Both a revealing self-portrait and dramatic fictional chronicle of his final African safari. Written in 1953, edited and first published by son, Patrick, in 1999.
Both a revealing self-portrait and dramatic fictional chronicle of his final African safari, Ernest Hemingway's last unpublished work was written when he returned from Kenya in 1953. Edited by his son Patrick, who accompanied his father on the safari, True at First Light offers rare insights into the legendary American writer in the year of the hundredth anniversary of his birth.
A blend of autobiography and fiction, the book opens on the day his close friend Pop, a celebrated hunter, leaves Ernest in charge of the safari camp and news arrives of a potential attack from a hostile tribe. Drama continues to build as his wife, Mary, pursues the great black-maned lion that has become her obsession. Spicing his depictions of human longings with sharp humor, Hemingway captures the excitement of big-game hunting and the unparalleled beauty of the scenery -- the green plains covered with gray mist, zebra and gazelle traversing the horizon, cool dark nights broken by the sounds of the hyena's cry.
As the group at camp help Mary track her prize, she and Ernest suffer the "incalculable casualties of marriage," and their attempts to love each other well are marred by cruelty, competition and infidelity. Ernest has become involved with Debba, an African girl whom he supposedly plans to take as a second bride. Increasingly enchanted by the local African community, he struggles between the attraction of these two women and the wildly different cultures they represent.
In True at First Light, Hemingway also chronicles his exploits -- sometimes hilarious and sometimes poignant -- among the African men with whom he has become very close, reminisces about encounters with other writers and his days in Paris and Spain and satirizes, among other things, the role of organized religion in Africa. He also muses on the act of writing itself and the author's role in determining the truth. What is fact and what is fiction? This is a question that was posed by Hemingway's readers throughout his career and is one of his principal subjects here.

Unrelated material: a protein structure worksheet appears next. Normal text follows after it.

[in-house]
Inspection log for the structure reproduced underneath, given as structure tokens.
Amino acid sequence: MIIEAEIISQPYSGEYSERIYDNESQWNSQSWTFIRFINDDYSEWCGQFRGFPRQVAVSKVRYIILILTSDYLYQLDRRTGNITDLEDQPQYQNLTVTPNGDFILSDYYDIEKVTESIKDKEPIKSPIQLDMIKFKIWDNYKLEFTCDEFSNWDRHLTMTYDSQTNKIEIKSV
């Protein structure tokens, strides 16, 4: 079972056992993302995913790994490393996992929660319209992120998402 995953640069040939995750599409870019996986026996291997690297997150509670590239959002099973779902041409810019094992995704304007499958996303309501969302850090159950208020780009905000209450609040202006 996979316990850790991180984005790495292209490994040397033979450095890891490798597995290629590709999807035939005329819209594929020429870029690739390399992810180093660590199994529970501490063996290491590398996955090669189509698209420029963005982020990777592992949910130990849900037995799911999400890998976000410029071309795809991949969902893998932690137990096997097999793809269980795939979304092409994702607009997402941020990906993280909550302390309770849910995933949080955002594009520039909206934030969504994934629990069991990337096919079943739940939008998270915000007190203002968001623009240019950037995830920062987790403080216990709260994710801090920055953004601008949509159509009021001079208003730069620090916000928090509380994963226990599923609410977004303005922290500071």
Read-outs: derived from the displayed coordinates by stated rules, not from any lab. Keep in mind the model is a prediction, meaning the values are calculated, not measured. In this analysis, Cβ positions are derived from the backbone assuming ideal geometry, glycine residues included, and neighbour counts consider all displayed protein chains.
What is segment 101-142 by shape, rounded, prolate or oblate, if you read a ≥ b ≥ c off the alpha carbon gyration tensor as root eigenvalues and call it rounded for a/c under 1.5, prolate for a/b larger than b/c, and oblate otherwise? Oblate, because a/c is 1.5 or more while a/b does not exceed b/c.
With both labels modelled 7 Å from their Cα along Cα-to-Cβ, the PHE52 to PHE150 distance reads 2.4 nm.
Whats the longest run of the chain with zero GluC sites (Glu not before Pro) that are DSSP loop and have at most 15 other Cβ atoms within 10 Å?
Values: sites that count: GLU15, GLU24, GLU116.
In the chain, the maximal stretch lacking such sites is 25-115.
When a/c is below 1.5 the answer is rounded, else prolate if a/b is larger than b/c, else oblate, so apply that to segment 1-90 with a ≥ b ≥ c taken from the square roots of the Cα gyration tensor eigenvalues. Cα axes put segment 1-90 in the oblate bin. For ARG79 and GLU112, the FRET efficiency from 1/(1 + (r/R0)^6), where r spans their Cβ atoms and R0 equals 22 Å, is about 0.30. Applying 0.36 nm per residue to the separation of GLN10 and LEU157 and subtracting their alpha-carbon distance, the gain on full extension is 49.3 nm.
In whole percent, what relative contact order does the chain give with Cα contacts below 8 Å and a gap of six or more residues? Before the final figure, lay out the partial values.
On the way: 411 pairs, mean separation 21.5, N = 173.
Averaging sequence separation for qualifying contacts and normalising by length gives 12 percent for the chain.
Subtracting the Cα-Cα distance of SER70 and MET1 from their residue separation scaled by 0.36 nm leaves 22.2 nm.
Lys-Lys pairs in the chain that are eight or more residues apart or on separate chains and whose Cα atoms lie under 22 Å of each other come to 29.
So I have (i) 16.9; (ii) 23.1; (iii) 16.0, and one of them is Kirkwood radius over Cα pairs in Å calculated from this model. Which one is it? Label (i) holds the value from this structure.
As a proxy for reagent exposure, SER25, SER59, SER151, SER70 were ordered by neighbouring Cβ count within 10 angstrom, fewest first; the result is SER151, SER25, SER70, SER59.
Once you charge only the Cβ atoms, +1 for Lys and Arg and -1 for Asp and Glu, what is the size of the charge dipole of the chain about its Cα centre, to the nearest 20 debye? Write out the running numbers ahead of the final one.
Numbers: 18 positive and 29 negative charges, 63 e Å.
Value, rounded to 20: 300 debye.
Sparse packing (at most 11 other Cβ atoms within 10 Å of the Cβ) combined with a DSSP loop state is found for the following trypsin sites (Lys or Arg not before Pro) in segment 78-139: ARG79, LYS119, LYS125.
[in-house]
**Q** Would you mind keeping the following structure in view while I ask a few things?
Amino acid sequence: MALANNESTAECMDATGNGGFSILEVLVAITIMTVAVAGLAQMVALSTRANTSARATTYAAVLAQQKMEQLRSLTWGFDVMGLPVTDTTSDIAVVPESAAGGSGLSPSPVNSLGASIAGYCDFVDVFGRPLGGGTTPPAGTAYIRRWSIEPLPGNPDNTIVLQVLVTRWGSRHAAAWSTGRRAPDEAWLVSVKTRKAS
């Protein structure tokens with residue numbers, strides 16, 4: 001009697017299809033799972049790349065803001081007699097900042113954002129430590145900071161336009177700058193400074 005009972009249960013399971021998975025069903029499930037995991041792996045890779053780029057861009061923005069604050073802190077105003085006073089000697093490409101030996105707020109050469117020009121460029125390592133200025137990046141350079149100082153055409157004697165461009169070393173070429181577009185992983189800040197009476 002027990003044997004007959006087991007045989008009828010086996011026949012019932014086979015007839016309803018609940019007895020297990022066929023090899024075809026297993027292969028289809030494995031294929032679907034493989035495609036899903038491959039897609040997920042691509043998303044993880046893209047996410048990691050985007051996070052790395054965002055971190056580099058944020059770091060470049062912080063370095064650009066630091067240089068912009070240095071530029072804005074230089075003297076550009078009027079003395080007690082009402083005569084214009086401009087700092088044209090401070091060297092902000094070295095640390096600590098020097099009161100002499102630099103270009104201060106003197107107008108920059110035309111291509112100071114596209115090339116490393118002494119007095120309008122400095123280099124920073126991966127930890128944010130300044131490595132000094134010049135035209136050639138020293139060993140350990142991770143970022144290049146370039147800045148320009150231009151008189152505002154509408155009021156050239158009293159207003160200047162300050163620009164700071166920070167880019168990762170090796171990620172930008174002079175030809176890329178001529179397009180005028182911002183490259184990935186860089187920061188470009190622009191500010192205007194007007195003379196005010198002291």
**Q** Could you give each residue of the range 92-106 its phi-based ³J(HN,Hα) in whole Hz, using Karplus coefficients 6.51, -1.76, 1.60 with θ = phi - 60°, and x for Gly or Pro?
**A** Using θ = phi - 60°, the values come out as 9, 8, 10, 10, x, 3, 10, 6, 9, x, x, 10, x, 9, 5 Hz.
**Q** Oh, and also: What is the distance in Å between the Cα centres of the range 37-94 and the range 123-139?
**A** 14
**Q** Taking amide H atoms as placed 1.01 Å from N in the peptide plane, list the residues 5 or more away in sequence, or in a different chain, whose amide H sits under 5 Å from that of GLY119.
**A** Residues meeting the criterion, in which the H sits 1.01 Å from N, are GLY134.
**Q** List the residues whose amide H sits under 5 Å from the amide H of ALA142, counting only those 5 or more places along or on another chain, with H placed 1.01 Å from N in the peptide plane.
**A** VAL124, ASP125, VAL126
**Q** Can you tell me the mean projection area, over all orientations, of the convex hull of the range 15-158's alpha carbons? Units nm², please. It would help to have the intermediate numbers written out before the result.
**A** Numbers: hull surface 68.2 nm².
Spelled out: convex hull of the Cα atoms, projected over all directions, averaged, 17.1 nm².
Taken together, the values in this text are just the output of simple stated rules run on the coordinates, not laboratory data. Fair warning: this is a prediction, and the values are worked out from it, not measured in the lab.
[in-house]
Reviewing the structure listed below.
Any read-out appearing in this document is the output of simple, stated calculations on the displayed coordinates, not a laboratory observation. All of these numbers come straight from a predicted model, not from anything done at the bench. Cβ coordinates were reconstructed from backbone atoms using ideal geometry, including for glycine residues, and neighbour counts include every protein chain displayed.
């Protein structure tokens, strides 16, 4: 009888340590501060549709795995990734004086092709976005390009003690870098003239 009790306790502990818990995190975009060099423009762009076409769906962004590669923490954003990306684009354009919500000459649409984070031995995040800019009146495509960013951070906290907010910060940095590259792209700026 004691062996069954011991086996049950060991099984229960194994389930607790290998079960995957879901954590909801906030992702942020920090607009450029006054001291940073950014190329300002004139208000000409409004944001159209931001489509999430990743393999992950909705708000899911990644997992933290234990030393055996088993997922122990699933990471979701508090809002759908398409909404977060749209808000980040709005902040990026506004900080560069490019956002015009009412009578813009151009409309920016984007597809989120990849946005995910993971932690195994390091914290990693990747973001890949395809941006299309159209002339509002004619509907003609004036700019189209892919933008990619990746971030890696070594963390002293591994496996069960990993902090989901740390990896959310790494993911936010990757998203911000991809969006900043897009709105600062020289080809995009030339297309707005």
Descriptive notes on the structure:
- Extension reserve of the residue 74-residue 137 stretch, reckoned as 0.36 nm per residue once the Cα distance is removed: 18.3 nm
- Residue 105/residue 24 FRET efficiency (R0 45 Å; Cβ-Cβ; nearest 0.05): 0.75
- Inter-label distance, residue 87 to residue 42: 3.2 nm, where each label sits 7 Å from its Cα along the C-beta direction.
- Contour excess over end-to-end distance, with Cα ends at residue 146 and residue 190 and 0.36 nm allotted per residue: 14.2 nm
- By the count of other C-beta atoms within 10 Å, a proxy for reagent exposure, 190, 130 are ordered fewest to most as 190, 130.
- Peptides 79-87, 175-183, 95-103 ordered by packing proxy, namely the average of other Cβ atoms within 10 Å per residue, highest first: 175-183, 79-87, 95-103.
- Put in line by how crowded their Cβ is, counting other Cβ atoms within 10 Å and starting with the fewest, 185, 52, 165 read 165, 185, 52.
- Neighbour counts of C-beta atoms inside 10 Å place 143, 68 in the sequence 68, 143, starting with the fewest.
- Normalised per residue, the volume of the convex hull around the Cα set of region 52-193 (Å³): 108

Equally adept at evoking the singular textures of the landscape, the thrill of the hunt and the complexities of married life, Hemingway weaves a tale that is rich in laughter, beauty and profound insight. True at First Light is an extraordinary publishing event -- a breathtaking final work from one of America's most beloved and important writers.
From Chapter One
Things were not too simple in this safari because things had changed very much in East Africa. The white hunter had been a close friend of mine for many years. I respected him as I had never respected my father and he trusted me, which was more than I deserved. It was, however, something to try to merit. He had taught me by putting me on my own and correcting me when I made mistakes. When I made a mistake he would explain it. Then if I did not make the same mistake again he would explain a little more. But he was nomadic and he was finally leaving us because it was necessary for him to be at his farm, which is what they call a twenty-thousand-acre cattle ranch in Kenya. He was a very complicated man compounded of absolute courage, all the good human weaknesses and a strangely subtle and very critical understanding of people. He was completely dedicated to his family and his home and he loved much more to live away from them. He loved his home and his wife and his ...
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